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31 flat. 42 up. 9 down. That's how 82 of our Leading Licensors shook out when we compared 2004 worldwide retail sales of consumer products with those of 2003. The majority of the companies that remained flat year over year include some of the industry's largest licensors and those in our top 10: Disney Consumer Products, Warner Bros. Consumer Products, Sanrio, and National Basketball Association. For those licensors that reported an increase in sales year over year, the total amounts to roughly $6.2 billion, of which Marvel holds the lion's share with a more than $3.8 billion increase. The down represents nearly $1.6 billion. That means our Leading Licensors' overall increase was about $4.6 billion. Not bad...better if we removed the decimal point.

I'm beginning to believe 2005 will be remembered as the year of retail. Since we last spoke (or I spoke and you read), Federated Department Stores and May Department Stores became one, and the global Toys "R" Us and Babies "R" Us businesses were acquired by an investment group. The moves appear strong on the surface for the retail environment, but cause for alarm at the same time. Let's take the Federated/May transition for example; internally, questions such as job functions, cost-cutting measures, overhead, underperforming doors, and strategies for unification will be hot-button issues for executives. Once that behind the scenes shakes out, an evaluation of consumer bases throughout the U.S. will take effect, followed by a marketing stance for cohesion purposes. The end result may prove positive...but takes time. As for Toys "R" Us, well, I'm certain the sentiments are the same: Thankfully, TRU remains in business.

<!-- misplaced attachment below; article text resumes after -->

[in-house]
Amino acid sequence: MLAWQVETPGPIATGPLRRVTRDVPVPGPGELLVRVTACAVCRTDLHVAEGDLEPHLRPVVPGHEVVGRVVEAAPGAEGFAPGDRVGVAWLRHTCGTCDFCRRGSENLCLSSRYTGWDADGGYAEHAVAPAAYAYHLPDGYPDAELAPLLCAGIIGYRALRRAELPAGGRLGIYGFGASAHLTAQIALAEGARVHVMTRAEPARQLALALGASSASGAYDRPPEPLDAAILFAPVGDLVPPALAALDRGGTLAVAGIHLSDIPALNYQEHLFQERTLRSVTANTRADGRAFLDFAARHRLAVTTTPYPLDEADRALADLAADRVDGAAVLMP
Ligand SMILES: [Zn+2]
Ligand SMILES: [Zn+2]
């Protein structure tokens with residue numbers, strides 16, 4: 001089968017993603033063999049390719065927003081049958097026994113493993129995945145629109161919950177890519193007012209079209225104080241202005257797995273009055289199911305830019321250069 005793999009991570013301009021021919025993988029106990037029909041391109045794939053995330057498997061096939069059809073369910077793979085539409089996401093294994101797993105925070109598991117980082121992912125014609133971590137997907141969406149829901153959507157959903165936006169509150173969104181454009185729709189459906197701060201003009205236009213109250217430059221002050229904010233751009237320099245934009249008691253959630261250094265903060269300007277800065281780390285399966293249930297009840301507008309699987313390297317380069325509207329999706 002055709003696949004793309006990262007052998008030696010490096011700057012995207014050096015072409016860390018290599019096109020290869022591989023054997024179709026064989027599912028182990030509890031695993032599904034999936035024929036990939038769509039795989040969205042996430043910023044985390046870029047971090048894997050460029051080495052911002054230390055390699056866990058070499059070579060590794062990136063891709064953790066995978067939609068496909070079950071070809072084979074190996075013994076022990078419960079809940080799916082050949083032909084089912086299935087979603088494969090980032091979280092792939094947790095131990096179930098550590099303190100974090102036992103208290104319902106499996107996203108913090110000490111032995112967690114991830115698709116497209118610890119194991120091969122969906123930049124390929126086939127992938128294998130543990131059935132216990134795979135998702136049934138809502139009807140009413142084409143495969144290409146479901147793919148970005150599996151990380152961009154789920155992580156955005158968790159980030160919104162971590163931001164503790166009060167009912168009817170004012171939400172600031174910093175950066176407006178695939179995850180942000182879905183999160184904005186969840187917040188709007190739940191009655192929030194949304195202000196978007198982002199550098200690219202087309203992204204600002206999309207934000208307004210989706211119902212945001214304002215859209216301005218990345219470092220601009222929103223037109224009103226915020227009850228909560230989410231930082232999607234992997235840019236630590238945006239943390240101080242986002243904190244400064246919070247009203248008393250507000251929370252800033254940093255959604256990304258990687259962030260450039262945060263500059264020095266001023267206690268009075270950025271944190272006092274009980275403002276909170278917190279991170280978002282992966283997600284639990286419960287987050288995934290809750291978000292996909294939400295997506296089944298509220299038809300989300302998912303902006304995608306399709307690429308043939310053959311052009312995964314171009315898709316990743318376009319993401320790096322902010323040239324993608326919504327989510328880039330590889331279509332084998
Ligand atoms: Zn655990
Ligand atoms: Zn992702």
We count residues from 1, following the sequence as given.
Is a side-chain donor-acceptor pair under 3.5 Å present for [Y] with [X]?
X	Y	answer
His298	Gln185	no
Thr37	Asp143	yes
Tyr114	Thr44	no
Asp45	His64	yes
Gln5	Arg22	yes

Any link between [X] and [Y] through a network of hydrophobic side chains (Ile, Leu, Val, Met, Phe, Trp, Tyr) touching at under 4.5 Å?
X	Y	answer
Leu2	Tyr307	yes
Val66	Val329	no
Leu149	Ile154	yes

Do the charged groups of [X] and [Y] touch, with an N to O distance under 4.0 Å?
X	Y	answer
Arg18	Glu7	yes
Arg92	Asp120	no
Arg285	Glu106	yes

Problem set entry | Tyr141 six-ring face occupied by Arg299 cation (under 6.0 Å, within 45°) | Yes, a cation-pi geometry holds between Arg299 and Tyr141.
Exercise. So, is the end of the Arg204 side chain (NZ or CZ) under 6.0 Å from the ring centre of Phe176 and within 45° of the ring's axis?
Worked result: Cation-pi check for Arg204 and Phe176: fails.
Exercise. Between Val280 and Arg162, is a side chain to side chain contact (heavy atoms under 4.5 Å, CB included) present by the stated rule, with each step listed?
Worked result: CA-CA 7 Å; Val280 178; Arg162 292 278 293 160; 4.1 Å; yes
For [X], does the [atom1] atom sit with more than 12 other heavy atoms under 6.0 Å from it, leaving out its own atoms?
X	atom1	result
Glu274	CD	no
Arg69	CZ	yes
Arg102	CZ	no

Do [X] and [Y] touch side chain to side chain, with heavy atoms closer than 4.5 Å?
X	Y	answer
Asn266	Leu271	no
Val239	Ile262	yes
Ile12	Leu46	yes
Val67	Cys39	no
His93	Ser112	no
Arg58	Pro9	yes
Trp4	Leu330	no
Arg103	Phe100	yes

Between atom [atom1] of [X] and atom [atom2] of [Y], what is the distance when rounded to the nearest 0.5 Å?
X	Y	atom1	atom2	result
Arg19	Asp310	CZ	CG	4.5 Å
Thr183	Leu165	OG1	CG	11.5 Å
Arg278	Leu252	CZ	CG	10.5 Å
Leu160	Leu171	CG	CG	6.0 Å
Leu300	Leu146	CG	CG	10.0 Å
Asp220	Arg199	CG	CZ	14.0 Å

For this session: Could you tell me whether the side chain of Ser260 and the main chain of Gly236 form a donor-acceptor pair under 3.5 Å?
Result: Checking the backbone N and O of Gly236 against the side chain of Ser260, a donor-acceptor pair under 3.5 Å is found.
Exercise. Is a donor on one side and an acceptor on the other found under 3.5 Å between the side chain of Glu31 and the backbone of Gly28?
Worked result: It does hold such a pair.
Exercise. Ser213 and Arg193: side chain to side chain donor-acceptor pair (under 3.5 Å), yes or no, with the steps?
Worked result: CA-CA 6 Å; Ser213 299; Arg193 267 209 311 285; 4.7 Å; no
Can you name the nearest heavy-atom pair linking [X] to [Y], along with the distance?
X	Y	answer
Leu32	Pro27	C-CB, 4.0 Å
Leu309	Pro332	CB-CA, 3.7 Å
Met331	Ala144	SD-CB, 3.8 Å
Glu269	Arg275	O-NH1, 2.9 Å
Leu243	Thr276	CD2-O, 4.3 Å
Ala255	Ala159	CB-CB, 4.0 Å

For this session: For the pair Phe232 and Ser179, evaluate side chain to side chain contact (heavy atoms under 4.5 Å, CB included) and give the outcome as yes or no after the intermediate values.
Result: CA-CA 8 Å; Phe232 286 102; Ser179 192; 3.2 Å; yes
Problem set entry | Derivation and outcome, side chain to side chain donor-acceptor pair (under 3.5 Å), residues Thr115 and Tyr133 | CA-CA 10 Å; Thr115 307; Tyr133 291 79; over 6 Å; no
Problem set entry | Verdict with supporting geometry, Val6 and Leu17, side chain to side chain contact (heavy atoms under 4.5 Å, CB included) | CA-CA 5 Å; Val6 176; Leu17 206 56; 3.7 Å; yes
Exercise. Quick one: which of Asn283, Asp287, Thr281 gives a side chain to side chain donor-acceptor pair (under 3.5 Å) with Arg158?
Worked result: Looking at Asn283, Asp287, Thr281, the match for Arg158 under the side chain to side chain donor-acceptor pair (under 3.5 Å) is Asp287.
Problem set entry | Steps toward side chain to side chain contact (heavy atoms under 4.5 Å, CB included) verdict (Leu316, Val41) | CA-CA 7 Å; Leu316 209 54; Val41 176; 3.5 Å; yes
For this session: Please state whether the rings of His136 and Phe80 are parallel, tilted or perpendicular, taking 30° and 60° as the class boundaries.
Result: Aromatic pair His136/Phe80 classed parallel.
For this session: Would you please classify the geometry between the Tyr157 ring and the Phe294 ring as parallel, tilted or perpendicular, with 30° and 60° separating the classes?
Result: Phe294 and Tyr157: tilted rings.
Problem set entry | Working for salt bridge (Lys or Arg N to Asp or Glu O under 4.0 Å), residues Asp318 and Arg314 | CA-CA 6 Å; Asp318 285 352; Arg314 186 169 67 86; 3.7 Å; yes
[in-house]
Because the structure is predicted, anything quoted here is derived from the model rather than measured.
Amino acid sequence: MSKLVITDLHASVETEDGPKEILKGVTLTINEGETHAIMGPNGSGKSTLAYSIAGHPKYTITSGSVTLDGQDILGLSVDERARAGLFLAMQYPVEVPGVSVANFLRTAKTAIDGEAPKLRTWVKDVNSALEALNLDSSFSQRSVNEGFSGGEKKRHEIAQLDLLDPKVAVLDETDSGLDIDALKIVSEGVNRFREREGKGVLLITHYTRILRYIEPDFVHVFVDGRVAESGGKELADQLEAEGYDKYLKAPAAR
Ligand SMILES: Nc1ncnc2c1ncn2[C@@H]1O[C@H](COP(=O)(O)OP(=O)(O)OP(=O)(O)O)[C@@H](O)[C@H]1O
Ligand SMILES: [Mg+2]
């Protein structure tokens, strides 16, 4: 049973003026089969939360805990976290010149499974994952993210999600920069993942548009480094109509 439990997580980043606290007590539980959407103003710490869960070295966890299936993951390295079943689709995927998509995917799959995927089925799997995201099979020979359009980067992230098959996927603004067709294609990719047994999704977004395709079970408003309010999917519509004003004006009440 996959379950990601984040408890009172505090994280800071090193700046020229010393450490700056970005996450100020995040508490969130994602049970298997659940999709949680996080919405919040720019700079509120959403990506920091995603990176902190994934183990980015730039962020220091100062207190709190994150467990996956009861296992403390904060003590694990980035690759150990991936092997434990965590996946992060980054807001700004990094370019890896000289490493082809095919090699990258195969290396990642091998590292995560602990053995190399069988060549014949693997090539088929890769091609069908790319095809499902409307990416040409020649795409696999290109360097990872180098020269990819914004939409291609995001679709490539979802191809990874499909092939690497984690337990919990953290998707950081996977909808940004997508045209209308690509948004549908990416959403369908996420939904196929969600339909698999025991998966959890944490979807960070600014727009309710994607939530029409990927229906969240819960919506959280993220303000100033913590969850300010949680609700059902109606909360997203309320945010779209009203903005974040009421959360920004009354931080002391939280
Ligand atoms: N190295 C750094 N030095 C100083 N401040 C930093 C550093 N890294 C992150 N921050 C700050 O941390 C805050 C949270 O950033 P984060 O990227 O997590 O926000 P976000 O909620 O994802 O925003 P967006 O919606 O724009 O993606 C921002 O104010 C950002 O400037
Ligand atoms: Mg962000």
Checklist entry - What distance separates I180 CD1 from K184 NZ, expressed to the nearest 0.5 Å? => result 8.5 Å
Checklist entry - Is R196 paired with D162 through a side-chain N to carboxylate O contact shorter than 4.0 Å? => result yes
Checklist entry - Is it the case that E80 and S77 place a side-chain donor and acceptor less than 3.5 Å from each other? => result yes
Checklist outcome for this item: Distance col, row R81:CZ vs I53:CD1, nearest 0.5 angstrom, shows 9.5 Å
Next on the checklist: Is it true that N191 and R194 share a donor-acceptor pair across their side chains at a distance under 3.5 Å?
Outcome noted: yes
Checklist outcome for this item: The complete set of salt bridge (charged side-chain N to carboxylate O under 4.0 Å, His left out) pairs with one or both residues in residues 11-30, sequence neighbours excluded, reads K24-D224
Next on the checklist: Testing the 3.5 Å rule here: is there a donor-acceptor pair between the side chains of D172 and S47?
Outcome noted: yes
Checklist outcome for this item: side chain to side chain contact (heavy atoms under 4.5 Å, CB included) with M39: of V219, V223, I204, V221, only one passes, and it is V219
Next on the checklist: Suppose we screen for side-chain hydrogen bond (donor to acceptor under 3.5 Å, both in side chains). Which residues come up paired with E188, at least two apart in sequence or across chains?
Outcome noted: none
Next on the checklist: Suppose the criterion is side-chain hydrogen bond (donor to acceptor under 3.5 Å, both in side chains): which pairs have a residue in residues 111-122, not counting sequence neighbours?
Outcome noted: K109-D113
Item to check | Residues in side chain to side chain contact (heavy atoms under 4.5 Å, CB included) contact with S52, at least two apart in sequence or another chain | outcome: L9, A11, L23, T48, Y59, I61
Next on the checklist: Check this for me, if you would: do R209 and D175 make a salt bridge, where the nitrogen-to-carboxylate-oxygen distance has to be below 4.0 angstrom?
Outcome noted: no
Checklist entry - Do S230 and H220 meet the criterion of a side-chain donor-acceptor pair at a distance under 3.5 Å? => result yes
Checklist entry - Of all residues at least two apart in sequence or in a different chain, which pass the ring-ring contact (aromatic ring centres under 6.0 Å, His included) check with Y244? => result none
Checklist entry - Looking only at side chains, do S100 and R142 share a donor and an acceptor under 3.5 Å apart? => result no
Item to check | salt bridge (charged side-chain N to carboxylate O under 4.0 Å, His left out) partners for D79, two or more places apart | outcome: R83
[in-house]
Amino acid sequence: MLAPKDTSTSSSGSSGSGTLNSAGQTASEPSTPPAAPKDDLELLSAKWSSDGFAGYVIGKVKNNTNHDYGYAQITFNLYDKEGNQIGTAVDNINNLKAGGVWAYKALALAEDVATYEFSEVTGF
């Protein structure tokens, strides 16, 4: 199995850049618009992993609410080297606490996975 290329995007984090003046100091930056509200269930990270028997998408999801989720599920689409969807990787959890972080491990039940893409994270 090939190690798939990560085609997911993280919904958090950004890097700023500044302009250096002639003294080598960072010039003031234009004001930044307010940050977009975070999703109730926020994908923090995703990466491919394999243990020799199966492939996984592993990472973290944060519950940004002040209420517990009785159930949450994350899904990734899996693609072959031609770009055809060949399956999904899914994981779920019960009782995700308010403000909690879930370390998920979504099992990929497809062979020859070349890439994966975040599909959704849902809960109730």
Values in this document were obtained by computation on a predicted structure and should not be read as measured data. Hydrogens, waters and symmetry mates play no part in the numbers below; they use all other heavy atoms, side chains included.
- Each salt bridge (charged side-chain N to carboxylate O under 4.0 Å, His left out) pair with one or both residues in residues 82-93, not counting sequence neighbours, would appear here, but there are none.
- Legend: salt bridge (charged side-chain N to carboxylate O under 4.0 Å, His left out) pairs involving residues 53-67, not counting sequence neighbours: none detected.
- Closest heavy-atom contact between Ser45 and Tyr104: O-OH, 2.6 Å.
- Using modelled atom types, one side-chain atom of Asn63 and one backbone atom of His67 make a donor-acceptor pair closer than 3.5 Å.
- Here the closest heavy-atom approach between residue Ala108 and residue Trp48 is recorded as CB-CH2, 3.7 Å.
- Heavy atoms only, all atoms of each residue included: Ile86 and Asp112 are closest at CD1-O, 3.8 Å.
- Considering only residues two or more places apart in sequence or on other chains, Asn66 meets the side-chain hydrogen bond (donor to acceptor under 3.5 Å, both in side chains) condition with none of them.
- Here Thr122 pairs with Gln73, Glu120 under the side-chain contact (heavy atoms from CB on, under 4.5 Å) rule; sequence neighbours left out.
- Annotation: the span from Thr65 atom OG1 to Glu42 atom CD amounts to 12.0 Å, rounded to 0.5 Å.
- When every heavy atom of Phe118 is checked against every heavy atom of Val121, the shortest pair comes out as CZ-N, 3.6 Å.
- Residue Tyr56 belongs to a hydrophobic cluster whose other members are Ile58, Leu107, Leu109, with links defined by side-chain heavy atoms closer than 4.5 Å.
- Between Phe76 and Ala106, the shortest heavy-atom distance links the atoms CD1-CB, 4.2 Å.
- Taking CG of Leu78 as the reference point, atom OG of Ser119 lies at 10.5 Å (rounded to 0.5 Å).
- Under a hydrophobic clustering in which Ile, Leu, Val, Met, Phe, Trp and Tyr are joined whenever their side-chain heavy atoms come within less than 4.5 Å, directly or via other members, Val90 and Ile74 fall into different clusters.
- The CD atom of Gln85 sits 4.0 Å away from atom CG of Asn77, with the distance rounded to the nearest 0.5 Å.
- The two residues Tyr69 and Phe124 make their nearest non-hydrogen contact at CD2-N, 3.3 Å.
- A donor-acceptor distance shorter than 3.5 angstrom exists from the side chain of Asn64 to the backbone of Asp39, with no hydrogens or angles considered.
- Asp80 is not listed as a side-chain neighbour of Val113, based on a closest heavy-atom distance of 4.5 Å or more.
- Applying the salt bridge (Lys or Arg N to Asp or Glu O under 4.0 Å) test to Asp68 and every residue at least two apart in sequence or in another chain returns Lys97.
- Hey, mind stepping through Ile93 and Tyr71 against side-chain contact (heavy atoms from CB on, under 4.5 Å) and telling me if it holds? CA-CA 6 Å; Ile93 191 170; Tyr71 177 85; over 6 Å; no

Bad news is never my intention in this column. For the last three years, I've watched our industry stats fluctuate like those of the stock market. Licensing is not the stock market...it's money in the bank. Your bank. That goes for licensors, licensees...and, yes, retailers. You can bank on this industry to offer new ideas, new animation, new brand imaging and extensions, new opportunities (wireless content, for example), new promotions. Now, what are you doing to bring that newness to the end-user? I'll bet consumers are asking for newness, but risk is no longer the mantra. All this and many other industries need is for one retailer (just one) to step out of the mold and take a few chances. It may prove positive for everyone.

Since I've been a writer for quite some time, I know a transition when I see one. This month, we're breaking a mold. Our Licenses Granted/ Recently Available pages are now online. While we usually devote upward of 8 pages to this section, there now will only be one page of Editor's Picks (both recently granted and now available). The rest of our section can be found at tracker.licensemag.com. We've taken the Licenses Granted/Recently Available sections that have run on our pages for the last two years and entered those into a searchable database. Curious who has the license for apparel for Brand A? The information is now at your fingertips. Our online section then will be updated weekly with the latest information. Plus, we've got an e-zine coming next month (yep, an e-zine). But, breaking one mold a month is enough for me.

JOYCEANN COONEY EDITOR-IN-CHIEFjcooney@advanstar.com

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